Process and formulations: The process of manufacture of cattle feed requires batching of raw materials as per formulation, then blending using hammer mill and then mixing with supplementation of mineral mix, and other premixes like salt, urea premix, Dicalcium Phosphate (DCP). The mix has to be fixed for all the batches which can be controlled by timer switch. After the mixing of powder is done then molasses is sprayed in the mixer @ 8 to 10% and then again entire mixture is properly mixed and blended before it is bagged in HDPE bags and these bags are tagged and machine stitched.

Costing per tonne of feed:

Raw material: Around Rs. 12,000 per tonne

Processing: Rs. 300 to 400 per tonne

Laboratory Analysis: Rs. 250 per tonne

Packing: Rs. 400 per tonne

Distribution: Rs. 700–800 per tonne.

Some of these costs can be brought down, depending on the innovativeness of the entrepreneur. For example, a small feed unit may do direct selling to farmers and not use the distribution network. One major item for cost is the stocking of raw materials to ensure uninterrupted production of the unit. This also influences the production cost because ingredient prices usually come down after their harvesting; also, the quality is better. However, bulk purchasing at that stage means locking up one’s capital and warehouse space to stock the material.

The formulation of cattle feed largely depends on the availability of ingredients in the neighbourhood and their prevailing prices. By and large, these materials are inexpensive and bulky. Minor, but nevertheless essential, constituents include mineral mixture, vitamin mix, DCP, all of which are high value items. Salt to  the extent of one per cent is also essential. For convenience and assured quality, it may be desirable to make arrangements with a commission agent who can serve from one point a wide range of feed ingredients as per needs of the formulation.

Standard specifications pertaining to cattle feed and feed ingredients have been formulated by the Bureau of Indian Standards (BIS).

Cattle feed plant machines are now manufactured in different parts of the country and the names of manufacturers are listed in Buyer’s Guide to ‘Equipment Manufacturers’ in the Directory Section of this compendium.

Cattle feed standards

A complete proximate analysis is needed for costly items. While following cattle feed standards, special attention must be given to the level of protein, fat, fibre  and of Acid Insoluble Ash (AIA) in feeds. Generally, these parameters have been of high cost.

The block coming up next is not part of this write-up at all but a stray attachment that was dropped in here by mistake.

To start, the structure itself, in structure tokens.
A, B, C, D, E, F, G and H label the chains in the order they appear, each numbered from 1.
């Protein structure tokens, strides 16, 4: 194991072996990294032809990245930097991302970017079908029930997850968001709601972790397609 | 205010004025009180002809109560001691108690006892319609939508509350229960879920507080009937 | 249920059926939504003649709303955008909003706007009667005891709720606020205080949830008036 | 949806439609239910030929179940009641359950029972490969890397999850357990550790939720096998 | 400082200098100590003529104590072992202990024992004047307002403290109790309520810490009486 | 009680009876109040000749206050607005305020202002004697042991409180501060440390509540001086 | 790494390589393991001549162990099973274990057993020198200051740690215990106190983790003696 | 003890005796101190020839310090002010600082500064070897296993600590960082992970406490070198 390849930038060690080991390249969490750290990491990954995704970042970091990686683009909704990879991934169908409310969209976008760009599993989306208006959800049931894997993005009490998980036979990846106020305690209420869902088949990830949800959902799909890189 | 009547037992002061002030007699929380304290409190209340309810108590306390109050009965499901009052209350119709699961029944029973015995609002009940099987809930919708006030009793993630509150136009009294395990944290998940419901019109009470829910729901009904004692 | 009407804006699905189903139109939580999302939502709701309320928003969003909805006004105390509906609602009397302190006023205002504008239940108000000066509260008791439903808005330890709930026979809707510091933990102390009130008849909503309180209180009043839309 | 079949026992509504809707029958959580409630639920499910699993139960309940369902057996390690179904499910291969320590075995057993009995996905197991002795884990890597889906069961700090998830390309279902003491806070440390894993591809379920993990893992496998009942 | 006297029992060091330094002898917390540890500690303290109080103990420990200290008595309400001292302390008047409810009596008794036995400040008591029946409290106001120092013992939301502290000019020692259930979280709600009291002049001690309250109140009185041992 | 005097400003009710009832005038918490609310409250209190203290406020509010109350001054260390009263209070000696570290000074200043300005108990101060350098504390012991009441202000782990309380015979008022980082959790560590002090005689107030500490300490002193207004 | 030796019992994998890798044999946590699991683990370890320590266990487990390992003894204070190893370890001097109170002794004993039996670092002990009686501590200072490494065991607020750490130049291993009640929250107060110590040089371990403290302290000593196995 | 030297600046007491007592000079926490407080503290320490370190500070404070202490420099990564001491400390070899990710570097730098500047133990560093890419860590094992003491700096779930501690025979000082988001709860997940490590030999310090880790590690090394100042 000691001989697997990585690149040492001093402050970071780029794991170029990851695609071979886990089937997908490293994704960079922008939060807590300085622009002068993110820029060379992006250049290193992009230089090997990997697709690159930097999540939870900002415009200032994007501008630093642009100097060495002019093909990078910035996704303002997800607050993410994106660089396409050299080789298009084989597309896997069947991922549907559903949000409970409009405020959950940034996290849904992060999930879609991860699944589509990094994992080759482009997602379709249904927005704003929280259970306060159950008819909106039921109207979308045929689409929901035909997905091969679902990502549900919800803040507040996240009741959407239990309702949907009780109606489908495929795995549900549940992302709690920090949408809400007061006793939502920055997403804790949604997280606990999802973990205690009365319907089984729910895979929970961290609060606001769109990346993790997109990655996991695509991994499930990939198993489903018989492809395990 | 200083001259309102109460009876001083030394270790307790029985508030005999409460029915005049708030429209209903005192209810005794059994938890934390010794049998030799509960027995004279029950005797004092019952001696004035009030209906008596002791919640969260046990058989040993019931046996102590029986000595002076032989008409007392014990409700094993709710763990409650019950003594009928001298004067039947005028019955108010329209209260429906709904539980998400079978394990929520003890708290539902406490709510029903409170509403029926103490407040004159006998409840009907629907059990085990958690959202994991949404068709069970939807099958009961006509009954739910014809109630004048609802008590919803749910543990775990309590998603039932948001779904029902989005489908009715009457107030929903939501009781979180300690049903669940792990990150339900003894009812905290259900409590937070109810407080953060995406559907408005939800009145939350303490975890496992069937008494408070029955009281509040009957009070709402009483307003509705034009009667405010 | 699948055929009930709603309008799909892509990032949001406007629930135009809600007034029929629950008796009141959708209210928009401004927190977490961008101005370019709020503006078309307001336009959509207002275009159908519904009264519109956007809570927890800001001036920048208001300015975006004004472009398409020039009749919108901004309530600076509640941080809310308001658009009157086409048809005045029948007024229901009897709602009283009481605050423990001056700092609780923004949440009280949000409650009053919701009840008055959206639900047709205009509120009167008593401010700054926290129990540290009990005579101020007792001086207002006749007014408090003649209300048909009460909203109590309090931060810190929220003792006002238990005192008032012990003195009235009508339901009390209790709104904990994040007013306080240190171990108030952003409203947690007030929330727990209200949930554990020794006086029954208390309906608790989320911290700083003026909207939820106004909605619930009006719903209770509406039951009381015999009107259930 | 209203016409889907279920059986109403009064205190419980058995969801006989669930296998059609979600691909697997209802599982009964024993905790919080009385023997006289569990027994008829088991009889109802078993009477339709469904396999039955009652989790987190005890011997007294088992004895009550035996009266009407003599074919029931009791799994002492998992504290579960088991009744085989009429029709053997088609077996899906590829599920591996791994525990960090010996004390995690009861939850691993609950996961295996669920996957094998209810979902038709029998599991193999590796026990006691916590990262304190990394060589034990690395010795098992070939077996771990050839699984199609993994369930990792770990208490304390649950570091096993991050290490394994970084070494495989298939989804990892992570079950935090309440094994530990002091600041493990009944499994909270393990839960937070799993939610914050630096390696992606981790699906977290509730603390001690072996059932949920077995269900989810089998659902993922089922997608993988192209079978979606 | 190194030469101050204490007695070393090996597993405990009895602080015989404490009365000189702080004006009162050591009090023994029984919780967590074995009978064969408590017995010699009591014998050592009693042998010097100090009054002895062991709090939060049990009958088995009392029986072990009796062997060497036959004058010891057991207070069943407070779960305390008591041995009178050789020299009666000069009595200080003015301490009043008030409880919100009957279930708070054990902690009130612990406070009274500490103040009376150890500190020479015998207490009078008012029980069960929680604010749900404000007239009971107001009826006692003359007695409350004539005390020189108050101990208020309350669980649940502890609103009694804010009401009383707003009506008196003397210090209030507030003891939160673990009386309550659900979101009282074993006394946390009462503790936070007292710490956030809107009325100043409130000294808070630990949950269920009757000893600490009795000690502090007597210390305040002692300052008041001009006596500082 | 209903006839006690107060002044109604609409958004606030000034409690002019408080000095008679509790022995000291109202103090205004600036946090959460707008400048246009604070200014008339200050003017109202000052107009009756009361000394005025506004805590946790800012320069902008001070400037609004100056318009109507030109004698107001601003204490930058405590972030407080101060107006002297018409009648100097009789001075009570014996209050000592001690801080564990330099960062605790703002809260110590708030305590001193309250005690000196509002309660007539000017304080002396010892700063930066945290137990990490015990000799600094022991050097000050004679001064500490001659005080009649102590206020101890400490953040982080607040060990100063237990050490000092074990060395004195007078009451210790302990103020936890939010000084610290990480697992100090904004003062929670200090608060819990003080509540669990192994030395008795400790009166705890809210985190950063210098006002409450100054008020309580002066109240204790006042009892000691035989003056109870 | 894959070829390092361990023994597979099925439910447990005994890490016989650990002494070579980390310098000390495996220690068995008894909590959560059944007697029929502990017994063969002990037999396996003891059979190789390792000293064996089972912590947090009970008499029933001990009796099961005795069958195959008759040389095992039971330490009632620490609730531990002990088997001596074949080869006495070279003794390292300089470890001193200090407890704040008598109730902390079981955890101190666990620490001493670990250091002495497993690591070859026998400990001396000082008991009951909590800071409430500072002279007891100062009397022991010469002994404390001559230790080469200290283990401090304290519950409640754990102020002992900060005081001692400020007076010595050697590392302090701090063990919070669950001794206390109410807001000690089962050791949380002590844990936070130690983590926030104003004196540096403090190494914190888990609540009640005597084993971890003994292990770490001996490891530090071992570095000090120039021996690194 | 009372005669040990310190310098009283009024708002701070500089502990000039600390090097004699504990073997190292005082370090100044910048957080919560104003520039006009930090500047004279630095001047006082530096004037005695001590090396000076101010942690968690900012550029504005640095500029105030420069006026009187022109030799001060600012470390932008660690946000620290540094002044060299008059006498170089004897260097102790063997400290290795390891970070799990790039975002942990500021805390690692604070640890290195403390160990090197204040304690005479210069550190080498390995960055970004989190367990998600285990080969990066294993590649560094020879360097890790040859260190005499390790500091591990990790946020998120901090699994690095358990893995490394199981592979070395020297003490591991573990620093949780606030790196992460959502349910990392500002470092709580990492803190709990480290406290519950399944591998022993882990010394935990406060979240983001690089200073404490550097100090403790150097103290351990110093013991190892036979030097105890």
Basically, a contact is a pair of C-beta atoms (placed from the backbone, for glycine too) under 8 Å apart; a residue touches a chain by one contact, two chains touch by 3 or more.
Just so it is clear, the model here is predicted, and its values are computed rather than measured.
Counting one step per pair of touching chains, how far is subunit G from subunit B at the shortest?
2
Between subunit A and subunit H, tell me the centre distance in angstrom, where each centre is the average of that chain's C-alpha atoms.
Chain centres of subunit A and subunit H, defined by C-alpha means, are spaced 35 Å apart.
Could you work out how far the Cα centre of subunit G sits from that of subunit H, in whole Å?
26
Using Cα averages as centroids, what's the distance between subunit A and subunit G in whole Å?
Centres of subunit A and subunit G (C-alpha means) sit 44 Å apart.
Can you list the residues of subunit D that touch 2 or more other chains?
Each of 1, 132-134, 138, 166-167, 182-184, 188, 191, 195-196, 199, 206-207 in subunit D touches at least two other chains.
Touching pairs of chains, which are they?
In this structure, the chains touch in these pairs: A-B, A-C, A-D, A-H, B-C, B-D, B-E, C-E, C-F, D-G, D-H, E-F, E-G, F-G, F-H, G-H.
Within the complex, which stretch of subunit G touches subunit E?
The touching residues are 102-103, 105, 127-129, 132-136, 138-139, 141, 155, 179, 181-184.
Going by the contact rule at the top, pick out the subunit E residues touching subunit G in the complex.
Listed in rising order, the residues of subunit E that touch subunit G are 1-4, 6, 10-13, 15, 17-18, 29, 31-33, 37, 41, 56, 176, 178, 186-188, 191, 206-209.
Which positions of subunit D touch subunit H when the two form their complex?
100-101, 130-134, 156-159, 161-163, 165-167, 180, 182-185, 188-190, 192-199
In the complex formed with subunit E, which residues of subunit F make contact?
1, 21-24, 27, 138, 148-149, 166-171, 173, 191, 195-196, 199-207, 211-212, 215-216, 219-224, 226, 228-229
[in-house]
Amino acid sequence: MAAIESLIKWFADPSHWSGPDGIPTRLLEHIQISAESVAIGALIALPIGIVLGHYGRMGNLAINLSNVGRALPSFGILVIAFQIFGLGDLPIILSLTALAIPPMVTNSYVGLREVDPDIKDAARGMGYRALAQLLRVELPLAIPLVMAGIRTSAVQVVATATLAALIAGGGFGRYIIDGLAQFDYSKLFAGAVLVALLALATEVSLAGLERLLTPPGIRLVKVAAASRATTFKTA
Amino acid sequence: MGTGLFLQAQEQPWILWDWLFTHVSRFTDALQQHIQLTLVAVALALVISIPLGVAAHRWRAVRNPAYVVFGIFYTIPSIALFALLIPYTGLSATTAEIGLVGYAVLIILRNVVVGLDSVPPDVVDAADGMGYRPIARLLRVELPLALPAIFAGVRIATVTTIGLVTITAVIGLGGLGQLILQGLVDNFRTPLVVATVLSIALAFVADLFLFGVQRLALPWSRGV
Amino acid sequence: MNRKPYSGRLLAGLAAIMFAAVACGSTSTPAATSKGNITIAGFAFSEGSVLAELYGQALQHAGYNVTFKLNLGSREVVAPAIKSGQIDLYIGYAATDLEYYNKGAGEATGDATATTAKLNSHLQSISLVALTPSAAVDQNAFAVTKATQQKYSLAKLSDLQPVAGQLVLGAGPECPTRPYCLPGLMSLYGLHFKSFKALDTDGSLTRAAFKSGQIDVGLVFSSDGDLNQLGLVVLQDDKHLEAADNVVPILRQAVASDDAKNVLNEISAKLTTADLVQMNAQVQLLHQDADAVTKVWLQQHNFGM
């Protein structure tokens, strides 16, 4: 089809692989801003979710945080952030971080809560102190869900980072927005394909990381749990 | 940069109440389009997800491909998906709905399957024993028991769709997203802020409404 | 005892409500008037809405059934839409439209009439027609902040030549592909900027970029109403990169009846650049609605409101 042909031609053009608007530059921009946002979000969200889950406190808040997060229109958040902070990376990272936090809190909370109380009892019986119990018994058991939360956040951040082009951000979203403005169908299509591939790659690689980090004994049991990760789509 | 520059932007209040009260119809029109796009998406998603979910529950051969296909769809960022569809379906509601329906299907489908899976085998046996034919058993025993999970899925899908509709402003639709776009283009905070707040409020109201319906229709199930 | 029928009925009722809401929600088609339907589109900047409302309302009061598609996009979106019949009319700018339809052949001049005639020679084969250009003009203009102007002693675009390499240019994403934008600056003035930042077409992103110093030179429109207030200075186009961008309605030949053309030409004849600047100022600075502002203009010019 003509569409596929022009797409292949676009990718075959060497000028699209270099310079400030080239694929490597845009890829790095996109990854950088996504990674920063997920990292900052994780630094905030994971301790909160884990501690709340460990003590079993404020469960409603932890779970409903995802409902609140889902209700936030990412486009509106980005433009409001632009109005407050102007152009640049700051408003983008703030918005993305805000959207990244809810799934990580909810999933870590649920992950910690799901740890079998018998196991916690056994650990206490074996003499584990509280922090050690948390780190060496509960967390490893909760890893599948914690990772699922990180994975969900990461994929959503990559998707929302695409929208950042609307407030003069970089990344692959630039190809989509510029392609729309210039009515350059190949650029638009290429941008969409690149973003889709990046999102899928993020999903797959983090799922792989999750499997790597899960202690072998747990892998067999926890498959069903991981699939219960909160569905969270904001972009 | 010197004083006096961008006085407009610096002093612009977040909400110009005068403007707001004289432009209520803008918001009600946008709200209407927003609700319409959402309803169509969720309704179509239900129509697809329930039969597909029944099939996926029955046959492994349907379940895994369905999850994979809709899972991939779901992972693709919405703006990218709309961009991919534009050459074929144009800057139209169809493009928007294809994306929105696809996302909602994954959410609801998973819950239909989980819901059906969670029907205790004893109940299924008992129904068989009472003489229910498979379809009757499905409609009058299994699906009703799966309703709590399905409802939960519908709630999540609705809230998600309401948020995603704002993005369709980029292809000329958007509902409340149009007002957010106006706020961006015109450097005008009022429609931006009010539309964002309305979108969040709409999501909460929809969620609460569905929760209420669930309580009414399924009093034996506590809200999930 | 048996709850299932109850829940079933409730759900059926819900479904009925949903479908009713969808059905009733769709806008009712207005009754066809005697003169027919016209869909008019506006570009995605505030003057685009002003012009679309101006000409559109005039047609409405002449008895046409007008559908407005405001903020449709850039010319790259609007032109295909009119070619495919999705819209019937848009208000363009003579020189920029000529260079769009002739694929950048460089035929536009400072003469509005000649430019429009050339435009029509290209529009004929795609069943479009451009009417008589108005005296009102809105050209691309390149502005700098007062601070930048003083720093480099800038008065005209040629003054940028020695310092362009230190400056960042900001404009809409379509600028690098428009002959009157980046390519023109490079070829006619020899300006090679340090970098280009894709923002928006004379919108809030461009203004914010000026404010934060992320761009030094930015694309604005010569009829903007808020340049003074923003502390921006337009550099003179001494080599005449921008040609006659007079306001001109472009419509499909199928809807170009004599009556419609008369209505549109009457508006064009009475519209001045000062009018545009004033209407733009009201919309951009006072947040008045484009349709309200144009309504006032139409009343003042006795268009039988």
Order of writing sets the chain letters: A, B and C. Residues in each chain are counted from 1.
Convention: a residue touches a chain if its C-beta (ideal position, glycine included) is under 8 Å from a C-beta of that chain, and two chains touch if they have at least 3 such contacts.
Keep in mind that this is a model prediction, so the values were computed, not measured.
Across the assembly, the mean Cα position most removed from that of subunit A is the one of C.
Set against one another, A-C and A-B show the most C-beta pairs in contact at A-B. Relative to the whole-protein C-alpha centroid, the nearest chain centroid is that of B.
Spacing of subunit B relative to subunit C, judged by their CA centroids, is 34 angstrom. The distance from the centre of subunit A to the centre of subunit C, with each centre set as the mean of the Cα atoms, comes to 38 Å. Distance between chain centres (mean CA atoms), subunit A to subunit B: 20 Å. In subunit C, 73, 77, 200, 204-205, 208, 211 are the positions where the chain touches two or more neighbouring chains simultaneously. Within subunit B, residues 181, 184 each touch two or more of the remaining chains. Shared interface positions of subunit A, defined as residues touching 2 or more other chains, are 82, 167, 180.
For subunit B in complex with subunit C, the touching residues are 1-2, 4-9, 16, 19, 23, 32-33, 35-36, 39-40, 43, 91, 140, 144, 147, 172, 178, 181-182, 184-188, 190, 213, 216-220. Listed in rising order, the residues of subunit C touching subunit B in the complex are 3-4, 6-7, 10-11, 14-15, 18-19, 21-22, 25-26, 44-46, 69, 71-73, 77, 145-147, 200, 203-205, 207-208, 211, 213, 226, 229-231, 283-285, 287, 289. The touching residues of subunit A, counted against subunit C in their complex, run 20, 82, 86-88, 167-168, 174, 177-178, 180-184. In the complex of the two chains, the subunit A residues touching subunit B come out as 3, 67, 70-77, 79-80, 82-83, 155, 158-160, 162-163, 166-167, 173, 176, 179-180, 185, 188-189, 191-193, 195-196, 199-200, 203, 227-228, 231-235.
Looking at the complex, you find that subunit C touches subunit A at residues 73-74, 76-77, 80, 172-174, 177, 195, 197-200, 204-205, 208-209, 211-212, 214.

Raw materials needed for formulations

Different types of raw materials will have to be used to compound feed rations. These include: broken rice; broken wheat; bajra; barley; babul extractions/chuni; cottonseed extraction; groundnut cake; groundnut extract; guar gum meal; jowar; kardi cake; kardi extraction; kokum extraction; limestone; maize; molasses; mineral mixtures; palm kernel extraction; ragi; rapeseed extraction; rice bran; rice bran extraction; sunflower cake; sunflower extraction; sal seed extraction; salt; tapioca chips; tapioca thippi; tamarind seed powder, urea; and wheat bran.

Is pelleting necessary?

Through pellet the ruminant is being helped in mastication via more salivation but at the same time, pelleting is not necessary although heat treatment does improve the digestibility of feed by gelatinisation. Pelleting means extra cost, which has to be examined. More important is the production of well-balanced rations easily acceptable to cows and buffaloes. However, it must be said that currently most cattle feeds are sold in pellet form. A large feed mill with 6 to 8 mm size pellet facility will cost about Rs. 14 million. Pelleting costs are estimated between Rs. 500 and 600 per tonne.

Quality control

Quality control of feed ingredients must always be ensured. Use of a proper quality control laboratory may be considered. Quality control laboratories are located all over the country, and feed manufacturers should take advantage of them.

When cattle feed of the best quality is manufactured, the profit margin is thin. To survive, feed manufacturers must pay attention to quality. The quantity sold must be high to ensure profitability of the feed plant. Stress should be on quality. Quantity will follow. Least cost formulations should not be misunderstood with so called “cheap feed” formulations. The profitability of the feed manufacturer improves much when all the production of the plant is sold. Therefore, it is better to take less profit per tonne of feed than to keep the plant idle for any length of time.

The commercial aspect of feed manufacturing must be studied carefully before venturing into the cattle feed industry. The erection of the plant is not difficult. The selection of raw materials and quality control are the two key factors that contribute to the viability of the commercial compounded feed manufacturing plants.